Content Warnings for: Death of Family Members, Abuse, Murder, Drinking, Gambling, Violence
This book follows Ben Thompson and Liza Peterson as they navigate the new and often unforgiving world of the unsettled Northern Canadian Territories, during the gold rush. The book starts off by showing Liza’s ridicule of her father’s plan to sell everything, pack up and move to Dawson City in the Yukon. Her mother is extremely upset and distraught by the thought because she was already made to do this once in her life, leaving all her family and friends behind. I related to their insecurity and anxiety over such a huge life-changing move. I enjoyed Ben Turner and his immediate character development he makes in order to show just how much he wants to be a part of the North-West Mounted Police. The fact that we see both Liza’s strength and kind spirit during her 40 day journey to the first leg of their journey on the way to Dyea, the first stop towards Dawson City makes her so extremely likable even with her character facing some adversity. The story line of Ben at times seemed “easy” (as in he gets what he wants without much struggle or fight to get there) even though he has so much character development in his early chapters. I love how Genevieve writes such believable settings, like how dangerous a place the northern parts of Canada were in the 1890s and early 1900s, especially for the women who followed their men and families to the Klondike. I also liked how she clearly researched Indigenous Tribes who lived in the North at the time, most of whom still live in those places today. Liza’s relationship with her brother is the literal most adorable and best thing ever. Even though her brother Stan seems to have some delusions of grandeur when it came to the adventure they were on. The descriptions of the Yukon and the beauty are some of the most beautiful prose I have ever read. It made me feel as if I was the one who was there, and after reading this book I so much want to visit it. The extreme depression the characters felt due to the extreme isolation, extreme weather, and the multiple illnesses and injuries was completely relateable to me and I connected with it on a very personal level. I always enjoyed when Liza got sassy, especially when her family tried to tell her to change out of her trousers because of what people might think. I cheered when she stood her ground and refused to do so. I loved that she danced to the beat of her own drum. The book took an extremely sad turn when Liza, Stan and other prospectors are caught in an avalanche on the Chilkoot Trail. Liza’s trials are so emotionally trying that at times it’s hard to think that one person could go through so much and still stay standing. I was glad however, that she had people she could rely on to get her through her trials. When Liza got to Dawson City she fell on good luck which made me feel so happy for her because of all the trials she had to face in the getting there. I do have to say that the slow burn romance was at some points so frustrating, especially since I am not a particular fan of hate to love tropes in books for the most part but I forgive it because the book is so intriguing and good. I love that Ben is out to help the little guy and has a zero tolerance policy for abuse towards women, it was so nice to see in a character. The romance between Liza and Ben is so dang cute, he shows chivalry in so many places that it’s hard not to cheer for this romance. The Yukon in this book is not kind to our characters though and tested them so much more than 2 people should ever be tested or would be able to handle. Although this book was emotionally frustrating in some places I could absolutely feel the tensions as they built and I just wanted to keep reading to see how they solved the issues they had. I also felt the longings, the fear, & the sadness. It jumped right off the pages for me and was so relatable. The ending of the book though left me wanting so much more of Ben and Liza. This book was written so well.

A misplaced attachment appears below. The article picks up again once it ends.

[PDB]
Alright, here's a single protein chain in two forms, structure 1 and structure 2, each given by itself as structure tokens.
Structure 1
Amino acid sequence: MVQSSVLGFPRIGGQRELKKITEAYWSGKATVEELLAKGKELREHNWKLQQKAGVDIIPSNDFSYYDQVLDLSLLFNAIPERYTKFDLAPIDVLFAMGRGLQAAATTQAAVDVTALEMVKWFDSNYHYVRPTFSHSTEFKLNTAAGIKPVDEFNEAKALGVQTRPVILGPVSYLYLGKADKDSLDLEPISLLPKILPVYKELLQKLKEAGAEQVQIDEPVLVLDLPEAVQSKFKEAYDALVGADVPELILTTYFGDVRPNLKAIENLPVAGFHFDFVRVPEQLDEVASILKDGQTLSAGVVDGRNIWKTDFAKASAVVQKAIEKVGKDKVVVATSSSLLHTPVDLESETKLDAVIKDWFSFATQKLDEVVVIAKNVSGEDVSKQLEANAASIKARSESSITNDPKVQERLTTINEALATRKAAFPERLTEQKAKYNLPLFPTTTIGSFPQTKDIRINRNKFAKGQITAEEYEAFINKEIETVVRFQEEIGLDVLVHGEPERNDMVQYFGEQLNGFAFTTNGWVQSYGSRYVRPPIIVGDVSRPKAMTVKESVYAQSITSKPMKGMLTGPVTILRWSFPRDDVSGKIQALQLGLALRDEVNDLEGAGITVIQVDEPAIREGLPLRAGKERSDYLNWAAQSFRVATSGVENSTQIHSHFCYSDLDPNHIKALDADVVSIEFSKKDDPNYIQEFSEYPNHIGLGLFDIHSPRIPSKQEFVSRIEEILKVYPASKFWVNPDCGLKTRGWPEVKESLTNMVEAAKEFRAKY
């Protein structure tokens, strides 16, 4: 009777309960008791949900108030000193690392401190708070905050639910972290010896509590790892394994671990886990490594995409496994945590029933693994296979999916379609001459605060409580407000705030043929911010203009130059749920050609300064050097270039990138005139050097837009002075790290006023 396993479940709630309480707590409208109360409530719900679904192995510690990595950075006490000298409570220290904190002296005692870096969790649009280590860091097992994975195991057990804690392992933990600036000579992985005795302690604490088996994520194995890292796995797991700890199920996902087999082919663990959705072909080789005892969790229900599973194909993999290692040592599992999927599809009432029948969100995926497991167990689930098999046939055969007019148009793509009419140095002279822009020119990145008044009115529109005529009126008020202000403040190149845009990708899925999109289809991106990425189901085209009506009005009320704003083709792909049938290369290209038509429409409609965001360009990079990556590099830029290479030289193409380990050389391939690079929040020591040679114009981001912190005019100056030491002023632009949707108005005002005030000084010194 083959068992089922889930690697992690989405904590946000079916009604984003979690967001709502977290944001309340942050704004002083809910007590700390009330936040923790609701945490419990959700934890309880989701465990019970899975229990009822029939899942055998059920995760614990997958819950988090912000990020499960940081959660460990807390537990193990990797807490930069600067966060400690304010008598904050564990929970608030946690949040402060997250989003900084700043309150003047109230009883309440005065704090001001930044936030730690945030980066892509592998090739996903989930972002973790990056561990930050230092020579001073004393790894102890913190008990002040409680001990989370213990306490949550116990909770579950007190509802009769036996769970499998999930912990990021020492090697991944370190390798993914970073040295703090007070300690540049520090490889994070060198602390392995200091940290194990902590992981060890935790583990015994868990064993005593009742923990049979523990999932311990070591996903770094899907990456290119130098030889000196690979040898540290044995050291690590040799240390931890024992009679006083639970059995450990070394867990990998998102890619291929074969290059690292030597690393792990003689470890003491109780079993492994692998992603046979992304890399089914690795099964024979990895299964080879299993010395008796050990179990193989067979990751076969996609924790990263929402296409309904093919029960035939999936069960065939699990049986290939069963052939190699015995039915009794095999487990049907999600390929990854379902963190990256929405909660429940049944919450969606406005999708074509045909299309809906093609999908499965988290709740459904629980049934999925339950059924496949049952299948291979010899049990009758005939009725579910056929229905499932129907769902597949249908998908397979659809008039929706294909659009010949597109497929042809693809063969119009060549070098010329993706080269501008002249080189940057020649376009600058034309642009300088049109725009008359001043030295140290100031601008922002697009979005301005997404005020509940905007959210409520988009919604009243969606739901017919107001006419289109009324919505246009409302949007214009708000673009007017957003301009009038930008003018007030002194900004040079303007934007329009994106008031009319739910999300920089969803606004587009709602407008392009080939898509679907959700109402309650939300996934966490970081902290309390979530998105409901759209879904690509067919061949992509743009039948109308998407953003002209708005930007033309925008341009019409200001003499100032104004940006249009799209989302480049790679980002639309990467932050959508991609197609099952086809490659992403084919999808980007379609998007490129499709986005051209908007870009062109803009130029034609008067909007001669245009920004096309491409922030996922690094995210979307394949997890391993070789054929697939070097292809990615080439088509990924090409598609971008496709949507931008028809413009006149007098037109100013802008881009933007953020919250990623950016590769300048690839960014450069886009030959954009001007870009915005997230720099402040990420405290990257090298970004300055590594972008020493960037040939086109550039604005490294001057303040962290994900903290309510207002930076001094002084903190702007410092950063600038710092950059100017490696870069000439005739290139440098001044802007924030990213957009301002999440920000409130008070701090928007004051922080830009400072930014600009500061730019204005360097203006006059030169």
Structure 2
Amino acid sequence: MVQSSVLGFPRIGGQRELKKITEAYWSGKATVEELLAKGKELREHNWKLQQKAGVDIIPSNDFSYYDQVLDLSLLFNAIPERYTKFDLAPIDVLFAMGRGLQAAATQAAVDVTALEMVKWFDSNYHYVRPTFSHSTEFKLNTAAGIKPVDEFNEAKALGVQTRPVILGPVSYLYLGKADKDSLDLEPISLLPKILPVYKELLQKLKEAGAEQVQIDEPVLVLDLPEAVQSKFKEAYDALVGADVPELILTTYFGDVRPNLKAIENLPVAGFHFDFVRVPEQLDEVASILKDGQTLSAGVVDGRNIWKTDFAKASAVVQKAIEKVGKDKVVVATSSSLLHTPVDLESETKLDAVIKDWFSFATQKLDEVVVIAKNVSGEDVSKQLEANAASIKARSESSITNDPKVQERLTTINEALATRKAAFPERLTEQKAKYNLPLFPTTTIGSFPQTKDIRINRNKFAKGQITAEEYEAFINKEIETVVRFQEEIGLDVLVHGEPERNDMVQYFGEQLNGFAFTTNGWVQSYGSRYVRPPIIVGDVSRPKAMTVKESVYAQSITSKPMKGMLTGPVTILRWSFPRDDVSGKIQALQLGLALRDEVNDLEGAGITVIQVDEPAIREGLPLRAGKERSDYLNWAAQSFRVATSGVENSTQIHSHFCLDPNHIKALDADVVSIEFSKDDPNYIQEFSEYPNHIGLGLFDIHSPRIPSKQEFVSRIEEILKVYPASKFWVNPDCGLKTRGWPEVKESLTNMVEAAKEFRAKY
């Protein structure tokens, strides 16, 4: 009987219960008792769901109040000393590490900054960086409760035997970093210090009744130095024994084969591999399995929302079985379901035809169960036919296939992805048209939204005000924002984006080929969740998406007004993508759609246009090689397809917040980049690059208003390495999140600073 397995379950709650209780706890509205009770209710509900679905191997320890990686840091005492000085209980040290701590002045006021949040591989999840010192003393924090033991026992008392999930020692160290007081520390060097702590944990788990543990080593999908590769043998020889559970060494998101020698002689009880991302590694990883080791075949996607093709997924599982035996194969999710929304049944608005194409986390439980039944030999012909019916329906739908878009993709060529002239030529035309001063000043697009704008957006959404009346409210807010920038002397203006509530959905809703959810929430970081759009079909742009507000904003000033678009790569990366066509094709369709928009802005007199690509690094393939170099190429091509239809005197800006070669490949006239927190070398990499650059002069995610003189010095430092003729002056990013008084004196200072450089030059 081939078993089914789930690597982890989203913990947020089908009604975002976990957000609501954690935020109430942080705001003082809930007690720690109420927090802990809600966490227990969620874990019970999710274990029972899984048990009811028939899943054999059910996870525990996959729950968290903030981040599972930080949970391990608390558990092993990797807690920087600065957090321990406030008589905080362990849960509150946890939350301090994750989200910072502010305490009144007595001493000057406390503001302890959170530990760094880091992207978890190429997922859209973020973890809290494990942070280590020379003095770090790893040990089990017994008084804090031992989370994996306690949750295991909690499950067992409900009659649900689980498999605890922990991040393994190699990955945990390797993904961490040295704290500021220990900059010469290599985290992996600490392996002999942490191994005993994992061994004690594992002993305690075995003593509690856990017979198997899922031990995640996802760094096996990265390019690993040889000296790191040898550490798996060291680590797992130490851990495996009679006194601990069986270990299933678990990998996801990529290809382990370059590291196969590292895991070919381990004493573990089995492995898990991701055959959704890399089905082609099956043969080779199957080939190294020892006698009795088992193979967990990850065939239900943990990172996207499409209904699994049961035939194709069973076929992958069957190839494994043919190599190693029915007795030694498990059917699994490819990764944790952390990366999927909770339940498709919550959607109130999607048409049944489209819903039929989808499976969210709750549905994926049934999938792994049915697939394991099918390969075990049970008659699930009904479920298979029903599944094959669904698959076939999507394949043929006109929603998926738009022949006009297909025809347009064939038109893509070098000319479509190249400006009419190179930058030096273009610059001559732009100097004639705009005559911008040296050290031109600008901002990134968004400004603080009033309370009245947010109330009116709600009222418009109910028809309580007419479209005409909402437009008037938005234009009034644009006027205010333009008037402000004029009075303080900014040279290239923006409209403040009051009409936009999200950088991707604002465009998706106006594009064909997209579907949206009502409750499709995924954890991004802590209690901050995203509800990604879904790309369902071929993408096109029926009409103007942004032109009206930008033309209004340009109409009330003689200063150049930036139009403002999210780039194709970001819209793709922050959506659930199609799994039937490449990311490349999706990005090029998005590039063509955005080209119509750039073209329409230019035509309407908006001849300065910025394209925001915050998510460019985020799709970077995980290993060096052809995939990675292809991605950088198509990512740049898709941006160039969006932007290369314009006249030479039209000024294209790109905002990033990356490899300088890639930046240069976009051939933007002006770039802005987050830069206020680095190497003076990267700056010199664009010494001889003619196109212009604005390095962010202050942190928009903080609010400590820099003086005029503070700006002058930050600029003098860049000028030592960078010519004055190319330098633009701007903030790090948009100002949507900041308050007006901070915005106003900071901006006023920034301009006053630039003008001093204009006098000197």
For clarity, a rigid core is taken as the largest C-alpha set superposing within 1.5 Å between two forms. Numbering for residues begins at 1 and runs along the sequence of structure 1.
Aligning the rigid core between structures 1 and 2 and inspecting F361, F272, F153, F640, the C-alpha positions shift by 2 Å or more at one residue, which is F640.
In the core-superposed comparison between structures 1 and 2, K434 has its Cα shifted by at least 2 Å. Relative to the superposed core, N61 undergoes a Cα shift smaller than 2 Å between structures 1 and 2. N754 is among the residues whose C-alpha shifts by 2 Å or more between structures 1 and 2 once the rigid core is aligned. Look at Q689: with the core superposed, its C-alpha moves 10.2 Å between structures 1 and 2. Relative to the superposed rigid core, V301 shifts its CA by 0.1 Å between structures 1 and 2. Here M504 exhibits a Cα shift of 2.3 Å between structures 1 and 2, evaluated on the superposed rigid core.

*****I received this book as an early copy from Simon & Schuster in exchange for my honest review*****